When Terrance McKenzie enrolled in the MBA program at South Carolina State University in 2012, he had no idea he would be provided with an opportunity that would have a significant impact on achieving his life and career goals.
But that is what happened in September 2013.
McKenzie was one of three students from the United States selected to spend the fall 2013 semester on an internship with the Foreign Agricultural Services in Brussels, Belgium.
The MBA program require students to complete an internship with a company or agency in their program area to receive three-hour course credit. McKenzie is a second-year MBA student with a concentration in agribusiness.
Through networking at MANNRS and ARD conferences, he learned about the internship program with the U.S. Department of Agriculture and one of its many agencies, the Foreign Agricultural Services. So to satisfy his internship requirement, he applied.
A few weeks later, he received an email stating he was qualified and would be advancing to the competition stage to compete with some of the best master’s and Ph.D. students across the nation.
“When I received the acceptance email, I was speechless,” McKenzie said. “The realization that I had been accepted to be an agricultural intern with FAS at the U.S. Embassy Tri-Mission to Brussels in Belgium was one of the most exciting moments in my academic career. I began my journey to a place I never imagined; it was a new beginning and a new state of mind.”
The USDA, which was established in 1862, represents many different agencies, all working to promote agriculture production, expand markets and support international economic development, job opportunities, and housing, while enhancing food safety preventing foodborne illnesses.
The Foreign Agricultural Service is one of many agencies of the USDA and is responsible for collecting, analyzing and disseminating information/data on global supply and demand, trade trends and market opportunities. FAS also creates programs to develop markets, provides export services, carrying out food aid and market-related technical assistance while linking international organizations together.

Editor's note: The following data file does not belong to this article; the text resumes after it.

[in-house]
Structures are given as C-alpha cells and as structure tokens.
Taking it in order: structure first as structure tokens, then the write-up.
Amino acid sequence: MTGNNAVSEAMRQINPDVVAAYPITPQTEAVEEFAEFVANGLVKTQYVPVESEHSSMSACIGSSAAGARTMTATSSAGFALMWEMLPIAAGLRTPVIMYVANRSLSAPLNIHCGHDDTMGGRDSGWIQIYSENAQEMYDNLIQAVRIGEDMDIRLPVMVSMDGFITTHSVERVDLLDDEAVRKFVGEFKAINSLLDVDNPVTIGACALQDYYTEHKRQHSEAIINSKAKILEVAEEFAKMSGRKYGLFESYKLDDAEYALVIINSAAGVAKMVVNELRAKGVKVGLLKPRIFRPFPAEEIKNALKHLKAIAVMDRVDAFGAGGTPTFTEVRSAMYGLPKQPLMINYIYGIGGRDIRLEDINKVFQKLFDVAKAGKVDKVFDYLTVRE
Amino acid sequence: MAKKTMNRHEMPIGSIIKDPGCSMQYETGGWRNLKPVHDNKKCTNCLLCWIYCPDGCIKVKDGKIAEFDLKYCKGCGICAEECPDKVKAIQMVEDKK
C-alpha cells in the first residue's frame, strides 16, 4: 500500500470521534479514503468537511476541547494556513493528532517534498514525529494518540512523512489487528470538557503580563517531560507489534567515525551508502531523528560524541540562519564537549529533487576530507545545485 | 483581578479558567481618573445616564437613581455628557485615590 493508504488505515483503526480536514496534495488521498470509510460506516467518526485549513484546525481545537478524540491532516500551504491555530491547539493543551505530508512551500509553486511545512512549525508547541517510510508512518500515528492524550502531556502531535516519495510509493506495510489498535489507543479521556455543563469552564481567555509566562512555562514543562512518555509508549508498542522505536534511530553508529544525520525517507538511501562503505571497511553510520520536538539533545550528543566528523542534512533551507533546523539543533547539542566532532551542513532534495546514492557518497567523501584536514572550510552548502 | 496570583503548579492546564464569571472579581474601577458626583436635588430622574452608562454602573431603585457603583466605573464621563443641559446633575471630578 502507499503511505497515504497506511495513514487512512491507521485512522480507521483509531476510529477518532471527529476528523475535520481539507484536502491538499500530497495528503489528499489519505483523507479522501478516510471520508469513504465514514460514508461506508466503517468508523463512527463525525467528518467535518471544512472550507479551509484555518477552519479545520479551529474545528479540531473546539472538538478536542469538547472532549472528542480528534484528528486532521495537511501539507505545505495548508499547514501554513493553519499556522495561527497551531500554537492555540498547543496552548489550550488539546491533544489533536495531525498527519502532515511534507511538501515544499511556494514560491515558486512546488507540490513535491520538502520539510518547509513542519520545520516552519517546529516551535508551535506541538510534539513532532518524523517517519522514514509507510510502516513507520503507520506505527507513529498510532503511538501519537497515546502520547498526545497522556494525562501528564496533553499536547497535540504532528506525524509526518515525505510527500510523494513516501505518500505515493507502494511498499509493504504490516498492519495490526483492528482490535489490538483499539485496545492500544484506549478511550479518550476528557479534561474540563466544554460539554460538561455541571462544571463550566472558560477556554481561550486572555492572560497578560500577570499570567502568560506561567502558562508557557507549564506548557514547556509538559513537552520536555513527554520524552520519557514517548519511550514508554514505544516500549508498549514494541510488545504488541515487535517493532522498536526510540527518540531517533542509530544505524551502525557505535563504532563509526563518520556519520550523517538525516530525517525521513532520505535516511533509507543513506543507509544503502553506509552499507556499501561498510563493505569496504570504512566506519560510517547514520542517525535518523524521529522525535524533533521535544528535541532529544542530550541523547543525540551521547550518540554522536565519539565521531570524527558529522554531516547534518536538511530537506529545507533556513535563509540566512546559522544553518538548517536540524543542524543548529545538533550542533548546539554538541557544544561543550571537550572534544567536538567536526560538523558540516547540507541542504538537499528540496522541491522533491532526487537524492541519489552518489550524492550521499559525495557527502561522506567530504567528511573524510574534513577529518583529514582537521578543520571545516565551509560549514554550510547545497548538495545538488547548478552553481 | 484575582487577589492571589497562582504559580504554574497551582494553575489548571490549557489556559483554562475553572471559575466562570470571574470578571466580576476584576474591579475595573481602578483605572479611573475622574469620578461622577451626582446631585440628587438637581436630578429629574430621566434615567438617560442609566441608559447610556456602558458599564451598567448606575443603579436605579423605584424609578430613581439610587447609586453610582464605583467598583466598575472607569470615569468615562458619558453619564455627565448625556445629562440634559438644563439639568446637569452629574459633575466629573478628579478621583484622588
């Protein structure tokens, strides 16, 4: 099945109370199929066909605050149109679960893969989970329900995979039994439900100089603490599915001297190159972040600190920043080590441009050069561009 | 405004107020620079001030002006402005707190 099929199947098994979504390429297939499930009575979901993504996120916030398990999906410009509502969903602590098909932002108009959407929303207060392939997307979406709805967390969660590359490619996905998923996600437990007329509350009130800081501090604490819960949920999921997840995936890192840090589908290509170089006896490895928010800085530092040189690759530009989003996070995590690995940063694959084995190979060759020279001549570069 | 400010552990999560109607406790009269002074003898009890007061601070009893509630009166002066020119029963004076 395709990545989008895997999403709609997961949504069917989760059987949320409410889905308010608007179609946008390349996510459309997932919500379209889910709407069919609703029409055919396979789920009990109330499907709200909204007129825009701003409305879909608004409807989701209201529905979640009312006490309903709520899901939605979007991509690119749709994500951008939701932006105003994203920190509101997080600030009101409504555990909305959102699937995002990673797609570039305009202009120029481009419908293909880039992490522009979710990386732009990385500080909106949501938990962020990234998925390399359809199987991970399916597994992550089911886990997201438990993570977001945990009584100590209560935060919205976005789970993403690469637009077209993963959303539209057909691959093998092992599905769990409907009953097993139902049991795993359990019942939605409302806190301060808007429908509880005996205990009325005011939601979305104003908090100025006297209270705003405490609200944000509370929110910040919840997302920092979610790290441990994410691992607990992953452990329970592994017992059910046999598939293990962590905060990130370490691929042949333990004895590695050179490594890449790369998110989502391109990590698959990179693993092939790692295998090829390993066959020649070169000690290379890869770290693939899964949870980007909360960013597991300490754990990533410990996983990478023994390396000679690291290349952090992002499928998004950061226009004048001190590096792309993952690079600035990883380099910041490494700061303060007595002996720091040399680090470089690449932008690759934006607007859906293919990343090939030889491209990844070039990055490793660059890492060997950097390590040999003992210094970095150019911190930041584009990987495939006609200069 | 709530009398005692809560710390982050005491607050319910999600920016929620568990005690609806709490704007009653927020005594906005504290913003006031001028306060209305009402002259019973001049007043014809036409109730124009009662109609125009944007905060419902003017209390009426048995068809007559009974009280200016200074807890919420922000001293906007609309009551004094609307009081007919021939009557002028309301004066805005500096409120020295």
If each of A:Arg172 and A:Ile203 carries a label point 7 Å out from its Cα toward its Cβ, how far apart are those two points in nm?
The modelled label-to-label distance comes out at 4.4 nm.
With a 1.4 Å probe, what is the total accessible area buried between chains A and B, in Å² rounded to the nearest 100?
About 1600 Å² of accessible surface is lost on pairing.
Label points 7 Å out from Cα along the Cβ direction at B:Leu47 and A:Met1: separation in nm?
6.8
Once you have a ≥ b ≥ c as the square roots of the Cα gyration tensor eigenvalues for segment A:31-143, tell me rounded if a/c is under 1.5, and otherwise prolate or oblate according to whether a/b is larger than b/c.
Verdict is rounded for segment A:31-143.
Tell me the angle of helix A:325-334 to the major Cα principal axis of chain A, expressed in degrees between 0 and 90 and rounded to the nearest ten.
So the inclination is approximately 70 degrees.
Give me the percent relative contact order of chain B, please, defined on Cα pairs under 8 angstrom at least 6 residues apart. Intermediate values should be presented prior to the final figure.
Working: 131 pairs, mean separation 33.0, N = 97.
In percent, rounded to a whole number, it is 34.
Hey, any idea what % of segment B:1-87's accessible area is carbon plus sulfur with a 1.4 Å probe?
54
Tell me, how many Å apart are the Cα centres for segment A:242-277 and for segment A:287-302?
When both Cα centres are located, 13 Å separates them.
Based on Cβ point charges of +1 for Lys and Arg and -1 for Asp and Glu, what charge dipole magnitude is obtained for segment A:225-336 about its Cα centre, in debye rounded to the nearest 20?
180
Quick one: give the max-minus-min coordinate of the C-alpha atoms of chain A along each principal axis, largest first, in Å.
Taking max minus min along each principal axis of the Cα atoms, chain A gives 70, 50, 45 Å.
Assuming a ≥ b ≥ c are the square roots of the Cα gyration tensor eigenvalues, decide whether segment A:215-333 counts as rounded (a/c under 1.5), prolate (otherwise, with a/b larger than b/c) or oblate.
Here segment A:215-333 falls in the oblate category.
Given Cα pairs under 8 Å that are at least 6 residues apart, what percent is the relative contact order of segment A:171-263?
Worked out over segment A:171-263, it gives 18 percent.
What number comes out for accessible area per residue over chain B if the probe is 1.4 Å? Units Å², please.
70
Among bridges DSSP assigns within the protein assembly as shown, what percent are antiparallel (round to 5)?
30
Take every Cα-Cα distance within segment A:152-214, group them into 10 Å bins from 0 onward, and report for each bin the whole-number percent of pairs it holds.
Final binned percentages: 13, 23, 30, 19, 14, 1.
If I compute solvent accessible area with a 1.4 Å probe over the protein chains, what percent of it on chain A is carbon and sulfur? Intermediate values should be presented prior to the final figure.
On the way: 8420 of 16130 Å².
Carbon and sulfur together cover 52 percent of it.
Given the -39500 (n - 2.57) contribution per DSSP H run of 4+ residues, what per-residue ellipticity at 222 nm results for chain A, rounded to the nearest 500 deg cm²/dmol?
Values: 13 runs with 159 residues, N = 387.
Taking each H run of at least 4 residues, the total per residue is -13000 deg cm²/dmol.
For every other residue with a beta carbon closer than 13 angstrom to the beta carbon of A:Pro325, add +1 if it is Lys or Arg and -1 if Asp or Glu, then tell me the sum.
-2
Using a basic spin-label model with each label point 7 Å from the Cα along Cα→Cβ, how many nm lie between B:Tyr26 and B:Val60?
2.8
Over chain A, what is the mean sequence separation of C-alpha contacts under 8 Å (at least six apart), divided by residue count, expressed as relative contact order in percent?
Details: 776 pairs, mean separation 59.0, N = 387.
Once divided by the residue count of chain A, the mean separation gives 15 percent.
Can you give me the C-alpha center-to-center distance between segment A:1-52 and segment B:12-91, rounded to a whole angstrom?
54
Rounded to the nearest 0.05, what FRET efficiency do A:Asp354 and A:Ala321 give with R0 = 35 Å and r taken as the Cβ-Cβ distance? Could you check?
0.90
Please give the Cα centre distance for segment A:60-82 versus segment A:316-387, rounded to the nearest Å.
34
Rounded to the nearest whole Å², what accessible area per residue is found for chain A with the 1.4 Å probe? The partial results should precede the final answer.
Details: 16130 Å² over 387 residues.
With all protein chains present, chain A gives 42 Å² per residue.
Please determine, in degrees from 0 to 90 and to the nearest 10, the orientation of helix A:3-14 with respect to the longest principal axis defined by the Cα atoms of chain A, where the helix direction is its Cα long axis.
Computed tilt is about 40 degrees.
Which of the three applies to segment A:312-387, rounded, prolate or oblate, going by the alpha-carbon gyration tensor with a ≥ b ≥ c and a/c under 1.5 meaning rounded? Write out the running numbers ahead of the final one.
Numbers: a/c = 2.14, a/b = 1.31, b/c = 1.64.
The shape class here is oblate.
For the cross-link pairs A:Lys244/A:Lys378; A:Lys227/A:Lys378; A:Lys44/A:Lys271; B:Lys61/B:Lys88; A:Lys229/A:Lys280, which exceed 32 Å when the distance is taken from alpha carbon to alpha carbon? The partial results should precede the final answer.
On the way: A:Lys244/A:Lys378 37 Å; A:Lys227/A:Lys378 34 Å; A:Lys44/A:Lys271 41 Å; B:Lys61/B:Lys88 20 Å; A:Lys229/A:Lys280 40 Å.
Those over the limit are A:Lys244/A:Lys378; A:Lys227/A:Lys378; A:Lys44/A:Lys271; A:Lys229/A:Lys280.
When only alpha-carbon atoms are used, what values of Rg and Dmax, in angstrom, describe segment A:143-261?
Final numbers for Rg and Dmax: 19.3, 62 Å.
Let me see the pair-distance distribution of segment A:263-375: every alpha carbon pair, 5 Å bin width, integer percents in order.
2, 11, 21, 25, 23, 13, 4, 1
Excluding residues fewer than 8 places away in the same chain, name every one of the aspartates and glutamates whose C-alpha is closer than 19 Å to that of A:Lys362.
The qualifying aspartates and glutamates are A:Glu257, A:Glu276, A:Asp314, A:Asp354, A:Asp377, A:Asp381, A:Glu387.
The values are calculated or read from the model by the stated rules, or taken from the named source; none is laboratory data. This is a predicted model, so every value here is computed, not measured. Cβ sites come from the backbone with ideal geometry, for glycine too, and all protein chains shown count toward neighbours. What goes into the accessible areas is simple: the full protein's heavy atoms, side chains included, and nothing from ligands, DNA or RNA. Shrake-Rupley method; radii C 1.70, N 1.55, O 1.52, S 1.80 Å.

McKenzie described his assignment in Brussels as being very challenging but rewarding. His assigned tasks included conducting research, updating and writing reports on 4-5 projects daily. He indicates his greatest challenge was learning different writing styles and understanding the word usage and jargon for the agency.
“My greatest accomplishments,” McKenzie said, was the completion of a Global Agricultural Information Network (GAIN) report and the creation of a user-friendly database of questions and answers concerning food safety, legislation, genetically modified organisms, etc. within the European Commission. Both are published on the FAS website.
“This experience took me out of my comfort zone, but allowed me to discover my many strengths and weaknesses,” McKenzie said. “I realized I was working at the U.S. Embassy in Europe with the two most powerful countries in the world working together to advance trade developments. I was in the heart of it all; learning firsthand how these systems work, the amount of time and dedication it takes to actually make all of this work.
“Being a part of this great achievement is an experience, a moment I will never forget. I look forward to ‘polishing my armor,’ working on my weaknesses, and advancing my strengths. To think all of this started at a small HBCU – South Carolina State University – one of the greatest in the nation. It is not where you attend school, but what you make of your attendance,” said McKenzie, who will receive his MBA in May 2014.
“We are very proud of Terrance and all of our MBA students,” says Dr. Barbara Adams, interim dean of the SCSU School of Business. All of our graduates are successfully employed.”
For more information on the program, contact Ellen Ricoma, MBA director, at 803-533-3777.